Survey Examines Risky Behavior Among Young HIV+ Men
December 07, 2015
Young men who have sex with men (YMSM) are at high risk for HIV. Engagement in risky sexual behaviors as well as problematic drug use that can encourage sexual risk taking is relatively high within this group. Individuals with detectable HIV viral load can transmit the HIV virus to their sex partners; thus, gaining a better understanding of the factors related to risky sexual behavior among YMSM living with detectable HIV would be useful to help inform prevention and treatment efforts. From December 2009 to June 2012, a cross-sectional survey of 991 HIV-infected YMSM men aged 15-26 years was conducted in 20 clinics within the Adolescent Medicine Trials Network for HIV/AIDS Interventions. The survey found that unprotected (condomless) sex was more common among YMSM reporting problematic substance use, among those who were unemployed, and among those with virologically detectable HIV who let their sex partners know their HIV status. Unprotected sex was less common among black survey respondents, confirming previous paradoxical findings that risky sexual behavior is lower among black MSM even though this population is more heavily impacted by HIV than any other group. The results suggest that substance use must continue to be a major focus of health-promotion interventions targeting young people living with HIV. Also, more research is needed to understand how socioeconomic factors, like unemployment, are related to factors like sexual risk-taking that affect HIV transmission.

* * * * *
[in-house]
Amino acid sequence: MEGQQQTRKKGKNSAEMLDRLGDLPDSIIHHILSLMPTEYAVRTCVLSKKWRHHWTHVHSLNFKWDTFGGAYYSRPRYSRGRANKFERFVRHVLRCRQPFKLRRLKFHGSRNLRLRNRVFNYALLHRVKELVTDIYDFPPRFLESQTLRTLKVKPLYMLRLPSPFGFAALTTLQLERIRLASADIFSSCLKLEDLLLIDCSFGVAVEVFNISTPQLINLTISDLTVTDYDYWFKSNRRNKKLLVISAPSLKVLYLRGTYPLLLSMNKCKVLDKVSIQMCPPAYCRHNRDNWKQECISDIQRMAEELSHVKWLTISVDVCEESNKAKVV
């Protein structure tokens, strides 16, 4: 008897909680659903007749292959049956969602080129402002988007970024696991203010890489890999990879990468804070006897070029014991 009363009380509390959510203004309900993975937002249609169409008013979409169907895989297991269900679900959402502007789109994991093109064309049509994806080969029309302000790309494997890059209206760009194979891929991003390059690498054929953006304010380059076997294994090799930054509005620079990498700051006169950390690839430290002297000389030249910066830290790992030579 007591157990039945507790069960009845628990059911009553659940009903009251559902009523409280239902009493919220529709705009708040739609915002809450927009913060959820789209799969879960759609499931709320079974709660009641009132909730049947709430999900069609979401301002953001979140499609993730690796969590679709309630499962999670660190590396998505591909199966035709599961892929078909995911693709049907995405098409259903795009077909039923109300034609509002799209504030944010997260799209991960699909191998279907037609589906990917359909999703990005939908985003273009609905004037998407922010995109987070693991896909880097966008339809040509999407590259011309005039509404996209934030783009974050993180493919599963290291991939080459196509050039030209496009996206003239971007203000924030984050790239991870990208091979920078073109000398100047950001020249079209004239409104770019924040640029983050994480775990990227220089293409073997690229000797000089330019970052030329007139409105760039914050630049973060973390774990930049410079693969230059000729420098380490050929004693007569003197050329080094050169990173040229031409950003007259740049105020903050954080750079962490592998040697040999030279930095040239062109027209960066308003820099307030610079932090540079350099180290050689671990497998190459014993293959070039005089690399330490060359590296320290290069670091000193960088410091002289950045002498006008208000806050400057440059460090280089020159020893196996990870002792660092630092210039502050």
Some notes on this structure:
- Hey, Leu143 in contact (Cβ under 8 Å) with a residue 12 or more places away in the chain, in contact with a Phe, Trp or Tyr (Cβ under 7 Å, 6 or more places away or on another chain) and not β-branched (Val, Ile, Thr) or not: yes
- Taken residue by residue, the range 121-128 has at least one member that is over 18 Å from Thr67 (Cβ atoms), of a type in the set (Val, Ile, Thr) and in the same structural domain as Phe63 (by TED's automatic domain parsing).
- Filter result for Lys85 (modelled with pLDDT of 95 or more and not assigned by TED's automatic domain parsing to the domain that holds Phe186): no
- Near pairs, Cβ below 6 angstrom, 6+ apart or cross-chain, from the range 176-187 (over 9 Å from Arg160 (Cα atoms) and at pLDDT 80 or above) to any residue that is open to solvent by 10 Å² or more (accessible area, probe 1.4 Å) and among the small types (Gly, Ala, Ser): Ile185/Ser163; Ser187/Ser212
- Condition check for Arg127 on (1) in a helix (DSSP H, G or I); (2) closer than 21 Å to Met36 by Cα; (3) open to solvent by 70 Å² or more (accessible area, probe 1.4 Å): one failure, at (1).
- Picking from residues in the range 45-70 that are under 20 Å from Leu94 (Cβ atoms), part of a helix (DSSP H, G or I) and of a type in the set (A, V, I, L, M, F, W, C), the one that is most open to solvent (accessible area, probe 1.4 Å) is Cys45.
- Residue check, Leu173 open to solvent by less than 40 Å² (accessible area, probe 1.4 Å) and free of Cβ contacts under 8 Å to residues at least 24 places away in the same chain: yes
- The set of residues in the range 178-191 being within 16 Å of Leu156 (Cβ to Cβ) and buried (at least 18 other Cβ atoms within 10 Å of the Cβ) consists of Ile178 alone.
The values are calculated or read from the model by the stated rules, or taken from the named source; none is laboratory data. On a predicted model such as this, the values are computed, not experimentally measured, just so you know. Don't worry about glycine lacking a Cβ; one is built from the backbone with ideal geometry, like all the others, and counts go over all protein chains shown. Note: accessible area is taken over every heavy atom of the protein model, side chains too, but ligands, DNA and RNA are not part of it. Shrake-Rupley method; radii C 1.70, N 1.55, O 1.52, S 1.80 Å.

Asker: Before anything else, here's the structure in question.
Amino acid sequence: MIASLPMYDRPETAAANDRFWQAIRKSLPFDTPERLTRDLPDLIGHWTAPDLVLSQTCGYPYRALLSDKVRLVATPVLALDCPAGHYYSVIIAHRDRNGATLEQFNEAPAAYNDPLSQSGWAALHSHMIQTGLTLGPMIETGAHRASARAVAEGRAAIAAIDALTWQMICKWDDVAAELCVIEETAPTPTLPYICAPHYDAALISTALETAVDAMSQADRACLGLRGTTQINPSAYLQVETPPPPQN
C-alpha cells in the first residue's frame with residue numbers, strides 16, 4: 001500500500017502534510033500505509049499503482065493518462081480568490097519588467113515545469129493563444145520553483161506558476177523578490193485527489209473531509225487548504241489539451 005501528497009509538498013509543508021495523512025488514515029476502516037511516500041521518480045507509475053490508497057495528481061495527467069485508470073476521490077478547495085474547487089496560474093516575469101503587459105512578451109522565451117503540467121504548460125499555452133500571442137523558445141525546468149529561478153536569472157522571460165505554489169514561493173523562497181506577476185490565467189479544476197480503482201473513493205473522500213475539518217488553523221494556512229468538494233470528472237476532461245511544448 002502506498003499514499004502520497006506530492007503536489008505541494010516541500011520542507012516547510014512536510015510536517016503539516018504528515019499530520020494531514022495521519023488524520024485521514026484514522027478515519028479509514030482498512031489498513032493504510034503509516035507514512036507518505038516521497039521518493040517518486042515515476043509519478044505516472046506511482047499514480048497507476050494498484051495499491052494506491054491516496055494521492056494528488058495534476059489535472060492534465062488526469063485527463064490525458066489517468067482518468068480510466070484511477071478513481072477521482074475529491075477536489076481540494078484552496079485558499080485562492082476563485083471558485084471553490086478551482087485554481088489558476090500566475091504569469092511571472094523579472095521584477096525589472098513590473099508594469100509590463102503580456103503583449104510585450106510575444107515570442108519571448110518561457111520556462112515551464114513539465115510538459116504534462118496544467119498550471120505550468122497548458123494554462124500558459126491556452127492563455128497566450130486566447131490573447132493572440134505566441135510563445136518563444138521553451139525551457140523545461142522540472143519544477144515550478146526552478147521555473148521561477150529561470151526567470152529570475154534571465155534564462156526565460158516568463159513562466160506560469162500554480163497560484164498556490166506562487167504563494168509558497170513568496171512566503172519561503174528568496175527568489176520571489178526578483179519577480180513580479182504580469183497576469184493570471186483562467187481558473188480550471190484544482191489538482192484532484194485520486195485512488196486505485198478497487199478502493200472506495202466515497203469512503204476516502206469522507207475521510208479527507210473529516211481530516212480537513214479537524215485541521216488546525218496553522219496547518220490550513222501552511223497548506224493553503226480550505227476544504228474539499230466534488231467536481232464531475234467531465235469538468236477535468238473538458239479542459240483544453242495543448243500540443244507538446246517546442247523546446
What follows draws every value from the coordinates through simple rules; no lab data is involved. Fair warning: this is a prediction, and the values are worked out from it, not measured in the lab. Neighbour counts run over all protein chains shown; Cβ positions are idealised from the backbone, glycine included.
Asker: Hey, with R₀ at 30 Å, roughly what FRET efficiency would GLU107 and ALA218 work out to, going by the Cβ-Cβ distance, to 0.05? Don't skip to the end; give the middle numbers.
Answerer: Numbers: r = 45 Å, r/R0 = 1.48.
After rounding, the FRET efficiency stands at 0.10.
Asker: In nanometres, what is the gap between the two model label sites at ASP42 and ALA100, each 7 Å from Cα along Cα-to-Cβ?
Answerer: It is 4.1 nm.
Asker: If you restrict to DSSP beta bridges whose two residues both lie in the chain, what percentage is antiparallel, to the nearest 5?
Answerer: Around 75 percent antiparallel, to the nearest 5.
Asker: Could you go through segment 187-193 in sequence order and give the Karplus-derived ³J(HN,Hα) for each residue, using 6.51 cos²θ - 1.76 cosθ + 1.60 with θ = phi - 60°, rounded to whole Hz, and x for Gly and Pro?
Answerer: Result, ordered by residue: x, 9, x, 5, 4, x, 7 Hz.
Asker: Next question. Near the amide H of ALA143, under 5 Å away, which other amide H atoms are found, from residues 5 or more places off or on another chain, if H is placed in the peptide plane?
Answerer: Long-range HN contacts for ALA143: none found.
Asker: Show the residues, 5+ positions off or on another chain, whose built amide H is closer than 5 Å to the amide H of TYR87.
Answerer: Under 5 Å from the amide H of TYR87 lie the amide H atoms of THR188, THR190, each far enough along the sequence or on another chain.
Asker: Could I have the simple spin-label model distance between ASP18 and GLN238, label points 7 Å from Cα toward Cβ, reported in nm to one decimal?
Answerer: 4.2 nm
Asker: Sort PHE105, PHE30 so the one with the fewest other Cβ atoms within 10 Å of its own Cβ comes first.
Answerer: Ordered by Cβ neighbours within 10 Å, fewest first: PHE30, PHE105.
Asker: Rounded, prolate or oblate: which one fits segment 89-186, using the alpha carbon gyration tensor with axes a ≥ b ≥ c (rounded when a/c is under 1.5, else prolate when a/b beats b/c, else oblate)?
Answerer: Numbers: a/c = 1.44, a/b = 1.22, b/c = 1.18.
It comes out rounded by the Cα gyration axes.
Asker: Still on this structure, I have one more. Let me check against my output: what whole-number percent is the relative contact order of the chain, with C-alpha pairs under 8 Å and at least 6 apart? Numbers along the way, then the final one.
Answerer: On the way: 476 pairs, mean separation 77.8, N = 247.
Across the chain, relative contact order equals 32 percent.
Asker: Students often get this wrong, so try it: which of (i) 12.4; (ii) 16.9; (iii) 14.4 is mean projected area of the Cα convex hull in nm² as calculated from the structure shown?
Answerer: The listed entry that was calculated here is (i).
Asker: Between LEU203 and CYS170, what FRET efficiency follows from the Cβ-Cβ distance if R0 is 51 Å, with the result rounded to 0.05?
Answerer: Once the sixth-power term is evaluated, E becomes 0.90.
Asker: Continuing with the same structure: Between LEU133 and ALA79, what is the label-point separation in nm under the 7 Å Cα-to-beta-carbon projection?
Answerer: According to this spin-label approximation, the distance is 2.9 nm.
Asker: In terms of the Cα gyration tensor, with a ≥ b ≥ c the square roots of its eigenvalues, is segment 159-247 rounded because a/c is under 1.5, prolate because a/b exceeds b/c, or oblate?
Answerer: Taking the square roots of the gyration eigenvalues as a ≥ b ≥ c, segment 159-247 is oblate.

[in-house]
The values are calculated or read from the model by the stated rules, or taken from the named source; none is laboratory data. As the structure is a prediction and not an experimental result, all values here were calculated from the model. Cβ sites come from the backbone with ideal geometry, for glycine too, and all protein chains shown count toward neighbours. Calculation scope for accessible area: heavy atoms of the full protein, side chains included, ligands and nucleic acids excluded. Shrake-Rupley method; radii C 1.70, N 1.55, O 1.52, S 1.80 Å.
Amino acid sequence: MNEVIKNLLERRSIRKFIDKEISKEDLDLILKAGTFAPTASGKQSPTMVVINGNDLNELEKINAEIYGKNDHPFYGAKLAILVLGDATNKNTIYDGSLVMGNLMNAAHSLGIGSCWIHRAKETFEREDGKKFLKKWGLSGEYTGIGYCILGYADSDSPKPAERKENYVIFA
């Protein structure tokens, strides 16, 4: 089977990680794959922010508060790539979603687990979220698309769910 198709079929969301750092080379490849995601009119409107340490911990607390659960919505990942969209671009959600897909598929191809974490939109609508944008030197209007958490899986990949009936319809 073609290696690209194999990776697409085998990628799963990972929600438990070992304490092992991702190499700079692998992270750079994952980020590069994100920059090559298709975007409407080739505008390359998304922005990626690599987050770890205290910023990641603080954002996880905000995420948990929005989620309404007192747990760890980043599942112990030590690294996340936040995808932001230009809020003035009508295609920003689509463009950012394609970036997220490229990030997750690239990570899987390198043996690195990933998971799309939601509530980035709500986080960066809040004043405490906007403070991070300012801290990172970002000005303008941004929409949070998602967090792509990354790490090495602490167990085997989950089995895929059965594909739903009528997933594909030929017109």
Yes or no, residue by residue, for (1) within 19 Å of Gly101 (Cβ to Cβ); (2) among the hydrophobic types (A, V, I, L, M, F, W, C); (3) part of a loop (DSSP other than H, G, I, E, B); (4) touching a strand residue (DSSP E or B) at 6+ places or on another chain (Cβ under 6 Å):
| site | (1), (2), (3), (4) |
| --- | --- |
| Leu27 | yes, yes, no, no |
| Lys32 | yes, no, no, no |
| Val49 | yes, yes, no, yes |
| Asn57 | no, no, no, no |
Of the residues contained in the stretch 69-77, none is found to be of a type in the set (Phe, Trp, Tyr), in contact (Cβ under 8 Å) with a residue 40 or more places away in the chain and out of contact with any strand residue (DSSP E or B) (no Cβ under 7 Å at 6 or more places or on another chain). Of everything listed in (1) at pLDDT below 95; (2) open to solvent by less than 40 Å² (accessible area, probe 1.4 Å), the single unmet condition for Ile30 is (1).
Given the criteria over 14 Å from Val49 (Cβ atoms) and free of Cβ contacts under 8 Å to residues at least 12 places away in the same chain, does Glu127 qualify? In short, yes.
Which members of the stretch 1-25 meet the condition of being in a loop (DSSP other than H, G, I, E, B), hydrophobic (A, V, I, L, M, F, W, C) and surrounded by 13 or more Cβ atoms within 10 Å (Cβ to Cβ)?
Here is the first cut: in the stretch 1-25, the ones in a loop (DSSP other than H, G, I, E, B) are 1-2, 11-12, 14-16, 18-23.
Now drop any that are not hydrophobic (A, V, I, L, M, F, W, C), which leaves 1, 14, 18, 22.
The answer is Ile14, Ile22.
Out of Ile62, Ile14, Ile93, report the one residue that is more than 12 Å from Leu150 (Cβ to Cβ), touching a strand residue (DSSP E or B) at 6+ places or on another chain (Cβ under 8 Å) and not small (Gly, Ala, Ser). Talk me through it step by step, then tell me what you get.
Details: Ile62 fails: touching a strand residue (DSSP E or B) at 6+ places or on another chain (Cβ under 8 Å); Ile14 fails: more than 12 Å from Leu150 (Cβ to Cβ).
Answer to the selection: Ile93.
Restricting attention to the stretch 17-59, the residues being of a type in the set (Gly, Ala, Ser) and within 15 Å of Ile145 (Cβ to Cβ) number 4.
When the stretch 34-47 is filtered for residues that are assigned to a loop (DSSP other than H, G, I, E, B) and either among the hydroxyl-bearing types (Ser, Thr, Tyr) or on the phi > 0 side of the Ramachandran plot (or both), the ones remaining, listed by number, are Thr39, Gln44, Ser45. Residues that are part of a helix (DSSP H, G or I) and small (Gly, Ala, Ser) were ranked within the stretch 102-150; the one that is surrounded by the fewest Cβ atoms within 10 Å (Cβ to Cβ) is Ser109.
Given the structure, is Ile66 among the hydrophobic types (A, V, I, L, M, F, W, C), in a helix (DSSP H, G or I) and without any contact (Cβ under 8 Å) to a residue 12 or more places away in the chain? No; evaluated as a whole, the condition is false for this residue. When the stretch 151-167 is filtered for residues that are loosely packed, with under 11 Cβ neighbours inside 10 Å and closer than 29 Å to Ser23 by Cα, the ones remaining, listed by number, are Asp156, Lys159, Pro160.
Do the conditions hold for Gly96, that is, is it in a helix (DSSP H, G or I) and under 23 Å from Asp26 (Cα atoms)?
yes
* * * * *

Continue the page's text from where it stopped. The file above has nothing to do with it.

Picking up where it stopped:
Wilson PA, Kahana SY, Fernandez MI, et al. Sexual Risk Behavior Among Virologically Detectable Human Immunodeficiency Virus-Infected Young Men Who Have Sex With Men. [published online ahead of print December 7, 2015]. JAMA Pediatr. [Pubmed]